T-Murph delivers humor, engaging performance at in-person comedy show

The comedian performed a series of unfiltered jokes to over 350 students at the Stampede Comedy Show on Monday night. ORACLE PHOTO/LEDA ALVIM

Kicking off the first in-person Homecoming Week since 2019, comedian T-Murph used his uncensored language, personal anecdotes and electric energy to provide lively humor for the crowd of students at the Stampede Comedy Show on Monday.

Students arrived as early as 6:30 p.m. for the Homecoming Kickoff and Stampede Comedy Show, which began at 8 p.m. Over 350 students were in attendance at the National Pan-Hellenic Plaza, marking the first outdoor comedy show at USF.

T-Murph wasn’t aware American Sign Language interpreters were going to be in attendance, laughing on what he would make the interpreters signalize throughout his uncensored performance.

“First of all, I didn’t know there was going to be somebody here doing sign language, so I’m going to try to make her say the wildest sh*t ever with her hands,” he said. “She’s like ‘I don’t want to do it, but I [have to] do it.’”

T-Murph joked about topics relating to pronouns and ‘wokeness,’ and the effects  that cancel culture has had on comedians in recent years. He said comedians are more limited in what they can joke about, but jokes about whatever he feels is funny at the time.

The comedian transitioned from the topic of modern comedic culture to talk about his daughter, whom he described as “super woke,” and said that while he considers himself “woke,” he sometimes struggles to keep up on what is acceptable to say.

“I walk in the bathroom one day and there’s pants laying on the ground in the bathroom … I was like, ‘Let me not jump to conclusions, let me inspect the pants.’ I check them out. I say [to my daughter,] ‘These are girl’s pants.’ Without missing a beat from the living room, she says ‘We don’t gender pants,’” he said. 

“I was like ‘Well, I’ll tell you what. I don’t give a f*ck if it’s she/her, they/them … pick your gender, and get in here and pick these pants up.’”

This joke, along with others like it, was met with a comparatively lighter reaction from the crowd, something he addressed throughout the show.

“I love how y’all got tight,” he said. “Got it, pronouns — lockup, old people — laughing.”

T-Murph also went off script, directly addressing some of the members of the crowd leaving the show before it ended, and was met with booming laughs from the crowd.

“Hey where are you going with that god damn bookbag, sit your ass down,” he said to the student.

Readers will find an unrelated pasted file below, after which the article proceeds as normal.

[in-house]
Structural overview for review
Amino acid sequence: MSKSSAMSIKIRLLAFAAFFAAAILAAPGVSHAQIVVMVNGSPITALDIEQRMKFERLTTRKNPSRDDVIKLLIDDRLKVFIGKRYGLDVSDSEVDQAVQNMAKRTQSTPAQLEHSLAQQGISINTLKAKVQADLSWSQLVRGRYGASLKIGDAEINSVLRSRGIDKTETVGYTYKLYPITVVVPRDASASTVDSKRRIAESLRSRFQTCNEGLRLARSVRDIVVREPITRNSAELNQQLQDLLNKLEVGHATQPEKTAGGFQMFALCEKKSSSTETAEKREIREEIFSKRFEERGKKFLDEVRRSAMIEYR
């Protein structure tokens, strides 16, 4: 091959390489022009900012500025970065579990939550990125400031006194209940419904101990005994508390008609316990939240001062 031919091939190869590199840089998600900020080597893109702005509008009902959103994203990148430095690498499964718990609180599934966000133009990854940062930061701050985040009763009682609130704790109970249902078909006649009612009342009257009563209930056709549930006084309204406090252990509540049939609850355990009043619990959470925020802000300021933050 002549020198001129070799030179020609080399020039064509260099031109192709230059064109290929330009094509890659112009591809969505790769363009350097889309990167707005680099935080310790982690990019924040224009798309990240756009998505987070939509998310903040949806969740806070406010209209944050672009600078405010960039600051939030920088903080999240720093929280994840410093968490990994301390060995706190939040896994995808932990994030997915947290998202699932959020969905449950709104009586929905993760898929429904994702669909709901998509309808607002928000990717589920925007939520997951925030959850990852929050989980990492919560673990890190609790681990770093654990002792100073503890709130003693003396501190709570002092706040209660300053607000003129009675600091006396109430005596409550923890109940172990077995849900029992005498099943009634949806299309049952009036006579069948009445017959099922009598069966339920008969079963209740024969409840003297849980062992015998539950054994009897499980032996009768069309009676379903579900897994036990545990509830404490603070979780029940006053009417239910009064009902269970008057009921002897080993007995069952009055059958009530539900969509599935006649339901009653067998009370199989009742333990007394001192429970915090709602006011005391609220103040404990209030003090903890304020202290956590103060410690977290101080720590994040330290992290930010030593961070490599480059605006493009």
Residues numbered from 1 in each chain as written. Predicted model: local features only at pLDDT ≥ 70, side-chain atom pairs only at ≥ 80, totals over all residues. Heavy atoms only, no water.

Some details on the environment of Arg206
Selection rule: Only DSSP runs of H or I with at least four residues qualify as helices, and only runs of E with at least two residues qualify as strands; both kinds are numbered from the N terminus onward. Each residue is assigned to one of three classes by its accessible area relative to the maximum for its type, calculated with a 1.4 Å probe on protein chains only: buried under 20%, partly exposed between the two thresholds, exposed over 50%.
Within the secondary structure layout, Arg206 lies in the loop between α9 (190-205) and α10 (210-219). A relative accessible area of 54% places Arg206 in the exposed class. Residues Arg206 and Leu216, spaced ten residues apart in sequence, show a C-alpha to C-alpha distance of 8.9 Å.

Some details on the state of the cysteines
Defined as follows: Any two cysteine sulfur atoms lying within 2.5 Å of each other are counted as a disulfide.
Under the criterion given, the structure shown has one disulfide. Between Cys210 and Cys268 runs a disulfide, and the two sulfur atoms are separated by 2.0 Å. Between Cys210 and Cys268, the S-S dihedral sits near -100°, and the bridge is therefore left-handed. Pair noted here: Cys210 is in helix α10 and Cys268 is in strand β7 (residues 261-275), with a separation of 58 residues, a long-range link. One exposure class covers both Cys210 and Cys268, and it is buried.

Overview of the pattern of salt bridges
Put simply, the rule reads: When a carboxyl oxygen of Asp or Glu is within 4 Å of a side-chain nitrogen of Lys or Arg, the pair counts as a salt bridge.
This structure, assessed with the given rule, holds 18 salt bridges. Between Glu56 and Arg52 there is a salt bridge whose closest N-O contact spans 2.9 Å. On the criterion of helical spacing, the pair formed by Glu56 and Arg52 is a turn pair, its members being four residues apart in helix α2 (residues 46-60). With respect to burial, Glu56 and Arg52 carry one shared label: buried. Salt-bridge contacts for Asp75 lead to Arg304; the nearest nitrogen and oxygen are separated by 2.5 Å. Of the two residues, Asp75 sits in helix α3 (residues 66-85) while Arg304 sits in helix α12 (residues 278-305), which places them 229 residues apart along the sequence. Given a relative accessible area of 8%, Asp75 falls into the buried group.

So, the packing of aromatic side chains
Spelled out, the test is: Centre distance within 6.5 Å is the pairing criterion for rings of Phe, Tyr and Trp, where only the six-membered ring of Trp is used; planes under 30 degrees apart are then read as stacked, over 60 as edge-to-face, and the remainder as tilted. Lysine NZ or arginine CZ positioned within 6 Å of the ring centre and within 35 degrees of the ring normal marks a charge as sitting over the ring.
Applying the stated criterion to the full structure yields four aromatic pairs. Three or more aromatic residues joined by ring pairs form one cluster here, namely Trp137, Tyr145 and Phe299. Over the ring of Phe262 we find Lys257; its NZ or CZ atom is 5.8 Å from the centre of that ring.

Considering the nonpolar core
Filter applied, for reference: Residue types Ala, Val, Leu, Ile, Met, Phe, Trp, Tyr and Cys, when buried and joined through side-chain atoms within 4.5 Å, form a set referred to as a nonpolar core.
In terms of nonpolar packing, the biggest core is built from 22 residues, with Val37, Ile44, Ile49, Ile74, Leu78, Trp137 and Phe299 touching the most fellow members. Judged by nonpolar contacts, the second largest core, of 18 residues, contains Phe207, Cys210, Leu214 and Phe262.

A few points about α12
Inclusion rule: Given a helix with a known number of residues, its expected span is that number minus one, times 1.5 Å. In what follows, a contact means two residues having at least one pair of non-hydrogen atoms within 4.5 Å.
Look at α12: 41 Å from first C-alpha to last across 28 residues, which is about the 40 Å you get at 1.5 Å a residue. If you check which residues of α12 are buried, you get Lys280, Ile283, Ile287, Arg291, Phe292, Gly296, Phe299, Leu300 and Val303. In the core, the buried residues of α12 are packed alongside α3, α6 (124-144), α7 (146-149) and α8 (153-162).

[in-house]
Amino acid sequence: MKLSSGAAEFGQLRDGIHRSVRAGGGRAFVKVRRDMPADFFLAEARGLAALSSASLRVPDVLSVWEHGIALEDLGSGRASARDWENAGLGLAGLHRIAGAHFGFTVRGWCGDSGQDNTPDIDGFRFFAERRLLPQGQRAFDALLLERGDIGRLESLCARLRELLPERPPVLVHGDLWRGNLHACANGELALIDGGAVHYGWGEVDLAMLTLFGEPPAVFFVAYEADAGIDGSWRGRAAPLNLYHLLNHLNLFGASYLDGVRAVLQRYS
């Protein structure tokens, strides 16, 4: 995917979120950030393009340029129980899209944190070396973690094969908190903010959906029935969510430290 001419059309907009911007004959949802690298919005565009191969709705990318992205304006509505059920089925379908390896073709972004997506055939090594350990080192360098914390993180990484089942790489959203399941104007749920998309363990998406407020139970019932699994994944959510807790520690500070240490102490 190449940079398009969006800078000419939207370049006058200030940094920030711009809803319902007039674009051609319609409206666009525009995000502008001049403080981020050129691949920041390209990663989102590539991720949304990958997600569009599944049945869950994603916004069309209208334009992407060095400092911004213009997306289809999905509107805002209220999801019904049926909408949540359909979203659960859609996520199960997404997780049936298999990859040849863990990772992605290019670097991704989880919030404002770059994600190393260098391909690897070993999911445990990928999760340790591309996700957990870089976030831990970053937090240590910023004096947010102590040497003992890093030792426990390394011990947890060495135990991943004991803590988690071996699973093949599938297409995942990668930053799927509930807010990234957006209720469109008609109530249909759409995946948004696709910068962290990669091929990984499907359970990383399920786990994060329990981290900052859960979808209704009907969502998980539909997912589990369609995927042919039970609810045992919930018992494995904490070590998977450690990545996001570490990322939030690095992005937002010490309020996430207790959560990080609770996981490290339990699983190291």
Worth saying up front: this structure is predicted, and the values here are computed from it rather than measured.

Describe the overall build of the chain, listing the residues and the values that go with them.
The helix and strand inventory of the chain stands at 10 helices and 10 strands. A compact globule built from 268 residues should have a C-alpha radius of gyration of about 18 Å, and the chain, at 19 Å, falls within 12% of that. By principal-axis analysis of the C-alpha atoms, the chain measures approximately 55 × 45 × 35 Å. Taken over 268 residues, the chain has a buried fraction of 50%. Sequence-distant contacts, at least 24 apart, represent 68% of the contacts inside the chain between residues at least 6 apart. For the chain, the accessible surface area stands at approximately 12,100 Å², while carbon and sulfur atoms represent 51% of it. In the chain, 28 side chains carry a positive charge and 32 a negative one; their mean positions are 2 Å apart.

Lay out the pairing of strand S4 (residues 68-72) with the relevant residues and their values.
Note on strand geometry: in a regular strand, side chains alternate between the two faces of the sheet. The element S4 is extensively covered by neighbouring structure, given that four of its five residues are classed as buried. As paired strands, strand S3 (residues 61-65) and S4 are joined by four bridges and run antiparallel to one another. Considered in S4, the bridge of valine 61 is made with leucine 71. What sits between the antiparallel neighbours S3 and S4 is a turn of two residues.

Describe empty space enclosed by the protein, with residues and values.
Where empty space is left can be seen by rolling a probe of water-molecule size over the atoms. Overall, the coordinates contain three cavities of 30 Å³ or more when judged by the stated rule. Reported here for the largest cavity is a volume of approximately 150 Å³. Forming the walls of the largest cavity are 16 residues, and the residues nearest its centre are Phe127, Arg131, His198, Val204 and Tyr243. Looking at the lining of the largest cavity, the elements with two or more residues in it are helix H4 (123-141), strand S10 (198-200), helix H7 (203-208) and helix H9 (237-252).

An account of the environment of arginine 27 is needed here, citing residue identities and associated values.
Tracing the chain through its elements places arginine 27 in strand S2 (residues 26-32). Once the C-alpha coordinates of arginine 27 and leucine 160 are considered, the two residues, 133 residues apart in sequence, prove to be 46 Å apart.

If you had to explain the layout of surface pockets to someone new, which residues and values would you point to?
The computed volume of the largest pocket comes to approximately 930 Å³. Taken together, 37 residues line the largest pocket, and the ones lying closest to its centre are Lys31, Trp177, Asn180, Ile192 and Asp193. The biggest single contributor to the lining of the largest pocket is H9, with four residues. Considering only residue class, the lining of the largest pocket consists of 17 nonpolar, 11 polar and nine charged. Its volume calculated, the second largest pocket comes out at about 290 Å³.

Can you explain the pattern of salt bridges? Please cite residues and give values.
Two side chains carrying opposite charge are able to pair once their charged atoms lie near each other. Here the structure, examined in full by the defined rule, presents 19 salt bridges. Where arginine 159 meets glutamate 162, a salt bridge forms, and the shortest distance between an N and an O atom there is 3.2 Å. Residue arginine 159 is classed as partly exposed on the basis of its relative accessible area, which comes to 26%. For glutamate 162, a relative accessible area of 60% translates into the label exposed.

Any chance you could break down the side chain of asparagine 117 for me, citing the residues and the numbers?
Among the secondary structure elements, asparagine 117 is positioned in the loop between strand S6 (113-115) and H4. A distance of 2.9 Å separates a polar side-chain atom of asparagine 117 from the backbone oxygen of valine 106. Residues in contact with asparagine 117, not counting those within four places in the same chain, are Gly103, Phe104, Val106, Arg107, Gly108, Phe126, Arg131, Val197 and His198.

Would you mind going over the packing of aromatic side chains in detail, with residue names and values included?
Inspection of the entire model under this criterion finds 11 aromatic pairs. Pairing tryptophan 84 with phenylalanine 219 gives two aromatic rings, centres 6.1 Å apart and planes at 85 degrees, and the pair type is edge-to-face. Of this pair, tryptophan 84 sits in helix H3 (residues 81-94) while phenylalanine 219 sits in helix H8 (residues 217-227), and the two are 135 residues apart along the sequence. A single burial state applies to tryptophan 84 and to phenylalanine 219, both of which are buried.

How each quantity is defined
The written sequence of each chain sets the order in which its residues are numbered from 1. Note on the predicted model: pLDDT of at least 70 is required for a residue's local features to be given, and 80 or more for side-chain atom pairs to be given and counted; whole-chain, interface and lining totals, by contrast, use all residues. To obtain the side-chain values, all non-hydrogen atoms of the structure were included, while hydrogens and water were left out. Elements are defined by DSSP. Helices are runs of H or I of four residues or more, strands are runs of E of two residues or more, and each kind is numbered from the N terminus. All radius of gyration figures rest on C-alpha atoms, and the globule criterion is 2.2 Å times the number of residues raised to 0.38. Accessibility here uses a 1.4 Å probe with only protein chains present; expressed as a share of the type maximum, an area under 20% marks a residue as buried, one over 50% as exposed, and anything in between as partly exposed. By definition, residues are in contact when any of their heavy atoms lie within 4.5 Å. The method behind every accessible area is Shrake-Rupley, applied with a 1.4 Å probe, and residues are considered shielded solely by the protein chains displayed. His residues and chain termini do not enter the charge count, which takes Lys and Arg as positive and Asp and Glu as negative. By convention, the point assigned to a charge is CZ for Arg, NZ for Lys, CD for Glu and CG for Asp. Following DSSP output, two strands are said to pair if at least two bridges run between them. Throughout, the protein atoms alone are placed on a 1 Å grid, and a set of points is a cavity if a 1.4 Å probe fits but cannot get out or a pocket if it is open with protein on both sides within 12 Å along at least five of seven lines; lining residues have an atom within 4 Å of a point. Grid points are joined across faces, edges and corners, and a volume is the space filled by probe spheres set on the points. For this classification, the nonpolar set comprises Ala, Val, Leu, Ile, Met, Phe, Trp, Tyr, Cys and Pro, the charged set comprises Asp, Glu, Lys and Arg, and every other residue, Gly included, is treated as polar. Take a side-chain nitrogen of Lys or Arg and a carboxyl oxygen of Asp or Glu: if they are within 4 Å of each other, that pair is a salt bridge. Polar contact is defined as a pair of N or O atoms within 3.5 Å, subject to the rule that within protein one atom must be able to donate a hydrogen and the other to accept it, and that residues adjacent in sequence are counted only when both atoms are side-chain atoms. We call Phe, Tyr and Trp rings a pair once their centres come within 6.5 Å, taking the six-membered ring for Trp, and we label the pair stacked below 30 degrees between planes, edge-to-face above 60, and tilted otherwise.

“You got an all-white suit on trying to sneak out, what kind of sh*t is that? We can see you, this motherf*cking angel just leaving the show. God damn Casper the Ghost going to throw his book bag on.”

Opening for T-Murph was comedian Opeyemi Olagbaju, who kicked off the show with his vulgar anecdotes and profane humor. 

Olagbaju, best known for his writing credentials on Hulu’s “I Love You, America,” talked about culture and diversity in his performance, topics which he received the most laughs from.

“I’m proud to be Nigerian. I think whoever you are, wherever you’re from, you should be proud of your heritage and … be proud of your people, as long as you’re willing to admit your people are kind of sh*tty,” he said.

“If you don’t know Nigeria, we’re classified as a developing third world country. That’s just a fancy way of saying we have running water but we don’t have a Chipotle yet.”

The chilly evening was filled with uncensored language from both comedians, and even the use of obscene language when delivering jokes on love affairs and cultural differences.

“One time I was getting my haircut and this dude walked in … and said, ‘Hey, don’t get your haircut like that. You’re gonna get your haircut like mine. Last time I got my haircut like this, I walked out and in six seconds I got 36 b*tches,’” Olagbaju said. 

“Then another dude got out of his seat and he was like, ‘Whoa, six seconds and 36 b*tches, that is six b*tches a second’ and I’m like ‘Hold up, am I in an infomercial right now?’”

The show’s engines shifted as T-Murph, whose booming voice and infectious laugh garnered a roaring response from the crowd, entered the stage. 

After briefly touching on topics such as relationships, flights and the performance of the USF football team, T-Murph delved into politics, cancel culture and the pandemic. The comedian brought up the presidential election, imitating former President Donald Trump when exemplifying his uncensored nature, while also joking about President Joe Biden’s age and anonymity during his term. 

A joke the comedian himself was at first reluctant to tell paid off well in terms of audience reception, putting a religious spin on the current issues associated with the pandemic.

“So 2020 was a big year, supposedly like a monumental year. And I was thinking to myself, what if Jesus was coming back, but then COVID hit? God was like, ‘Go here, My son,’ and Jesus looked down and saw everyone in masks and was like ‘Hell no,’” he said. 

“God was like, ‘You can go, just put a mask on’ and he’s like ‘I can’t because ain’t nobody going to notice me. They haven’t seen me in like hundreds of thousands of years.’”

To end his uncensored hour-long performance, T-Murph acknowledged the tough nature of a crowd of college students, but ultimately applauded the turnout and interactiveness of the audience.

“That’s why when I come to college comedy shows I know when I’m funny,” he said. “Because let me tell you something, if you ain’t funny, y’all will not laugh, and you also will not leave. You will sit there the whole time like ‘This person is terrible.’ 

“I have been to a lot of schools where we do comedy shows and it looks pitiful as hell. I appreciate y’all for coming and sitting outside at the comedy show. I appreciate you.”